Three years after the global money laundering and terrorist financing watchdog extended its anti-money laundering and counter-terrorist financing standards to financial activities involving virtual assets and virtual asset service providers, a new report has identified gaps and concerns.
In 2019, the Financial Action Task Force (FATF) extended its anti-money laundering and counter-terrorist financing (AML/CFT) measures to VAs and VASPs to prevent criminal and terrorist misuse of the sector.
Referred to as the FATF Travel Rule, the update applied to an existing FATF recommendation 16, concerning cross-border and domestic wire transfers. The rule requires companies and service providers to share information about senders and recipients in cryptocurrency transactions.
A new report finds that, despite some progress, only 29 out of 98 countries have implemented the Travel Rule requirement, and even fewer are actively enforcing it. Only 11 jurisdictions have started enforcement and supervisory measures.
“This gap leaves VAs and VASPs vulnerable to misuse, and demonstrates the urgent need for jurisdictions to accelerate implementation and enforcement,” said the watchdog. “Countries that have not introduced Travel Rule legislation should do so as soon as possible, and FATF jurisdictions should lead by example by promoting implementation, and by sharing experiences and good practices.”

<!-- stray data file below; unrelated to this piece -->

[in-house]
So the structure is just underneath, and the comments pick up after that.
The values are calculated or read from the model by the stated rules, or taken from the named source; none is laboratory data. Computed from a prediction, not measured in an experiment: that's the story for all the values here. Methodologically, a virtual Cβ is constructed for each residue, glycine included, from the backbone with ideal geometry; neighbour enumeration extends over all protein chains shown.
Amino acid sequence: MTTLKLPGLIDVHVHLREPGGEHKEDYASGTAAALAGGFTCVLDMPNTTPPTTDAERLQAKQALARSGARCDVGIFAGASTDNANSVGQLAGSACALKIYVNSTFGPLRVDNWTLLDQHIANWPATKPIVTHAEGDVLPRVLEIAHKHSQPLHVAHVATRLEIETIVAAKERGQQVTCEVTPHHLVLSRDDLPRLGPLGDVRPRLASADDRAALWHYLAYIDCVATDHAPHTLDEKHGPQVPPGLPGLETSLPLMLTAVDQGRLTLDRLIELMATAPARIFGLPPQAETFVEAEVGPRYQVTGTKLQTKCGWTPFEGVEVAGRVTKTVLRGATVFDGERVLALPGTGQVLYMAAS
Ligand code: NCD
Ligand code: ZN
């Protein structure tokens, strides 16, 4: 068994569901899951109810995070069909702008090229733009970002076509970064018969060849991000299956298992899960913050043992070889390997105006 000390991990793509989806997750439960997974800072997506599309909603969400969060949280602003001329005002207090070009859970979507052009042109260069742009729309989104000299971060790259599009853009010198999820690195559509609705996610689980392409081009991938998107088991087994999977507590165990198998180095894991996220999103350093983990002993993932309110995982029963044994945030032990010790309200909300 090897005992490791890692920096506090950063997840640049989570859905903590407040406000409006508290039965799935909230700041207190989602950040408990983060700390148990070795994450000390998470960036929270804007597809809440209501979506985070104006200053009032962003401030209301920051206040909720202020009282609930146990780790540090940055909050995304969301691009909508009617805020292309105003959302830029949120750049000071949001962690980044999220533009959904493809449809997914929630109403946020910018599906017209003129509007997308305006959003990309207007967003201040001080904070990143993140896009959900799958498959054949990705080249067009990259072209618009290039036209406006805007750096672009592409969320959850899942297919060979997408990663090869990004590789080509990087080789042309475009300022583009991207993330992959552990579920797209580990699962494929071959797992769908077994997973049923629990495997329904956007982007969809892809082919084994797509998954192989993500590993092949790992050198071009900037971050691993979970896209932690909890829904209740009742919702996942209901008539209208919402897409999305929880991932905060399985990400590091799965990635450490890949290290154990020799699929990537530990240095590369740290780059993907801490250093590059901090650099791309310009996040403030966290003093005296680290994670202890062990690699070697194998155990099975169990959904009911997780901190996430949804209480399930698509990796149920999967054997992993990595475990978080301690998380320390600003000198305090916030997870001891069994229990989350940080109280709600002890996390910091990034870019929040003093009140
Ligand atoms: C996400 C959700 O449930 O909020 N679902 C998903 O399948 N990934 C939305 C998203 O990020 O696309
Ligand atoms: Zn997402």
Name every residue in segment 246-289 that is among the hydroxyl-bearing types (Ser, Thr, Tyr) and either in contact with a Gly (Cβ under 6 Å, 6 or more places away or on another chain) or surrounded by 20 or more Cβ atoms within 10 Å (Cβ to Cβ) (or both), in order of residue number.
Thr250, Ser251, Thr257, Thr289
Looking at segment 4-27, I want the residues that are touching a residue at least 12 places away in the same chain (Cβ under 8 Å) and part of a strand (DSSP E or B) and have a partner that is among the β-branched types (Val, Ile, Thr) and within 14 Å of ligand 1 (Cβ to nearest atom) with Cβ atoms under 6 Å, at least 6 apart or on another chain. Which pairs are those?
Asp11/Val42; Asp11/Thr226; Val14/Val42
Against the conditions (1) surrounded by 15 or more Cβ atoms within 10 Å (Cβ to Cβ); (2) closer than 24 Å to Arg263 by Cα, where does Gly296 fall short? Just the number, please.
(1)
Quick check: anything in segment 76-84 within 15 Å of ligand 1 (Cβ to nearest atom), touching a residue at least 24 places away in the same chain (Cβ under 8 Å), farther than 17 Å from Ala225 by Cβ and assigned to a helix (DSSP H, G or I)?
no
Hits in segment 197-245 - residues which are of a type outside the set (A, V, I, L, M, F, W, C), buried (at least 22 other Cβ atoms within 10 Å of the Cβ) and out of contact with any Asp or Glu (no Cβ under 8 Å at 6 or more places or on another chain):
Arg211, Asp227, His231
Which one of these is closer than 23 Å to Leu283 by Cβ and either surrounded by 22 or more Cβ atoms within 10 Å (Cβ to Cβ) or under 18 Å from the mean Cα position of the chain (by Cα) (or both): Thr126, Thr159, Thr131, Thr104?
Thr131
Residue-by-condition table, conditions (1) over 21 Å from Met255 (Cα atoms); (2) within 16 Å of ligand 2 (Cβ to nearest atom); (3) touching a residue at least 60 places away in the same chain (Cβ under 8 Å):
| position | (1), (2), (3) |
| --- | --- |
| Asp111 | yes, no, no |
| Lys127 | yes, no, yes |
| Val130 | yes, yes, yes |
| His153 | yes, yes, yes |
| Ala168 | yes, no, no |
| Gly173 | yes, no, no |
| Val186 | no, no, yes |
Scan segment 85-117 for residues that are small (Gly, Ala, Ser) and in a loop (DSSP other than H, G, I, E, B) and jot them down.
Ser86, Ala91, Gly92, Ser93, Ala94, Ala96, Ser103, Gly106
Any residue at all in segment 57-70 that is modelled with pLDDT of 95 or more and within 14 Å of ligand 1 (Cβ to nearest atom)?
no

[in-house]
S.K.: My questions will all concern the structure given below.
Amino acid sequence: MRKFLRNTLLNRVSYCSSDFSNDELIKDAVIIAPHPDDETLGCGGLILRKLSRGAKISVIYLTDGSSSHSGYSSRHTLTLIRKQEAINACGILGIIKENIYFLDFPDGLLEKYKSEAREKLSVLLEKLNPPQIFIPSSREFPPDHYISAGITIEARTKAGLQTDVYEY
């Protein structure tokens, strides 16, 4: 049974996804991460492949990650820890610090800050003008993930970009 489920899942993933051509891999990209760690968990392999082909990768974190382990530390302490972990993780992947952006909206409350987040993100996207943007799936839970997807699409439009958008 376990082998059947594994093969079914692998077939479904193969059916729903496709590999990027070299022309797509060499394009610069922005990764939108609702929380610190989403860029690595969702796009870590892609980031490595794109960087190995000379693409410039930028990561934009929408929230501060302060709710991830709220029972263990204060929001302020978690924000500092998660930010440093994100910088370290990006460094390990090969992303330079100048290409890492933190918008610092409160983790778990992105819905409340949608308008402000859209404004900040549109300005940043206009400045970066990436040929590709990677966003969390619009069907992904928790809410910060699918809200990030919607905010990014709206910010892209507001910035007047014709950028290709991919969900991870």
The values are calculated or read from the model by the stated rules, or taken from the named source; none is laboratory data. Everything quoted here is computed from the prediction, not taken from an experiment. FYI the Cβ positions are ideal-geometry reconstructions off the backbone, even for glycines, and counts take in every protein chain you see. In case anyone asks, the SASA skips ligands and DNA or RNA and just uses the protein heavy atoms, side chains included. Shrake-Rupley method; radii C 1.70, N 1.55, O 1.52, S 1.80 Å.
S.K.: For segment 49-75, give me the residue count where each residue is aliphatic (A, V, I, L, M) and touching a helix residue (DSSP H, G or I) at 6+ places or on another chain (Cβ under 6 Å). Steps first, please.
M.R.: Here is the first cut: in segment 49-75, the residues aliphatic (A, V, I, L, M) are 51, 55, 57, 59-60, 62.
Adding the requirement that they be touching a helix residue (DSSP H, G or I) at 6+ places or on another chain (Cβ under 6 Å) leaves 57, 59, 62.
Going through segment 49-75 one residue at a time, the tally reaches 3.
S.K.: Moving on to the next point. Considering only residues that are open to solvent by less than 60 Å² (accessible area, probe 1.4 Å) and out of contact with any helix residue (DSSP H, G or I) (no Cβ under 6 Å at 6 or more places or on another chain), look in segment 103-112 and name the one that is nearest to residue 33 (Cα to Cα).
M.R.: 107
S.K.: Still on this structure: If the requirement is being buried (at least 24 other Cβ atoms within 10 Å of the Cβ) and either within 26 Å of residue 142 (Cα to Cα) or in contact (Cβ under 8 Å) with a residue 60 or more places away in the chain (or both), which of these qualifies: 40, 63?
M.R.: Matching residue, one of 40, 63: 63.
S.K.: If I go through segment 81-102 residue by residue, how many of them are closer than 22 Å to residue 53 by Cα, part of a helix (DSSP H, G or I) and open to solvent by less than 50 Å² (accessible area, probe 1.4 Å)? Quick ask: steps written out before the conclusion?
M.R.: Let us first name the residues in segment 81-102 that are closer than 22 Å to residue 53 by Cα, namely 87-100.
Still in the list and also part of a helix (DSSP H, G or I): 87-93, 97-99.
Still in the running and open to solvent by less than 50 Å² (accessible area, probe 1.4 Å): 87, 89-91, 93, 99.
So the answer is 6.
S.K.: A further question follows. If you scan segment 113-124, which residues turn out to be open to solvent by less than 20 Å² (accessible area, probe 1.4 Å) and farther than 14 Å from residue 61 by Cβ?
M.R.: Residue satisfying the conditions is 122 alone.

David Carlisle, VP of policy and regulatory affairs at blockchain analysis provider Elliptic, says the FATF report sends the clear message that countries and the crypto industry must do more to ensure compliance and address emerging risks in the space.
He says: “Elliptic’s research has shown that criminals are increasingly using cross-chain bridges to launder funds, and that cybercriminal hacks of cross-chain bridges total more than $1billion in the first half of 2022 alone. Crypto businesses need to implement compliance solutions that enable them to monitor and detect risks related to cross-chain bridges to ensure they can manage and detect these growing risks.”
“The report makes clear that the FATF is concerned that the growing ability of criminals to access DeFi platforms that currently operate largely outside of regulation presents a major risk. It also underscores that the crypto industry needs to accelerate the implementation of Travel Rule solutions. The FATF sees the lack of comprehensive Travel Rule compliance across the industry as a major risk that could make crypto increasingly vulnerable to risks such as sanctions evasion.”
However, for Jerome Dickinson, chief legal counsel for crypto wealth manager OSOM.finance, FATF’s crypto travel rule push causes many headaches for the sector, with no clear bullet-proof solutions in sight.
“For starters, the travel rule is not well-adapted to crypto. A strict application of it would entail unprecedented levels of personal data collection, going far beyond what is done in the banking world. It is important to remind people that crypto exchanges are increasingly regulated (which is a good thing), and already conduct thorough AML checks on its users (e.g. all KYCied, ongoing monitoring of bank and crypto transactions etc).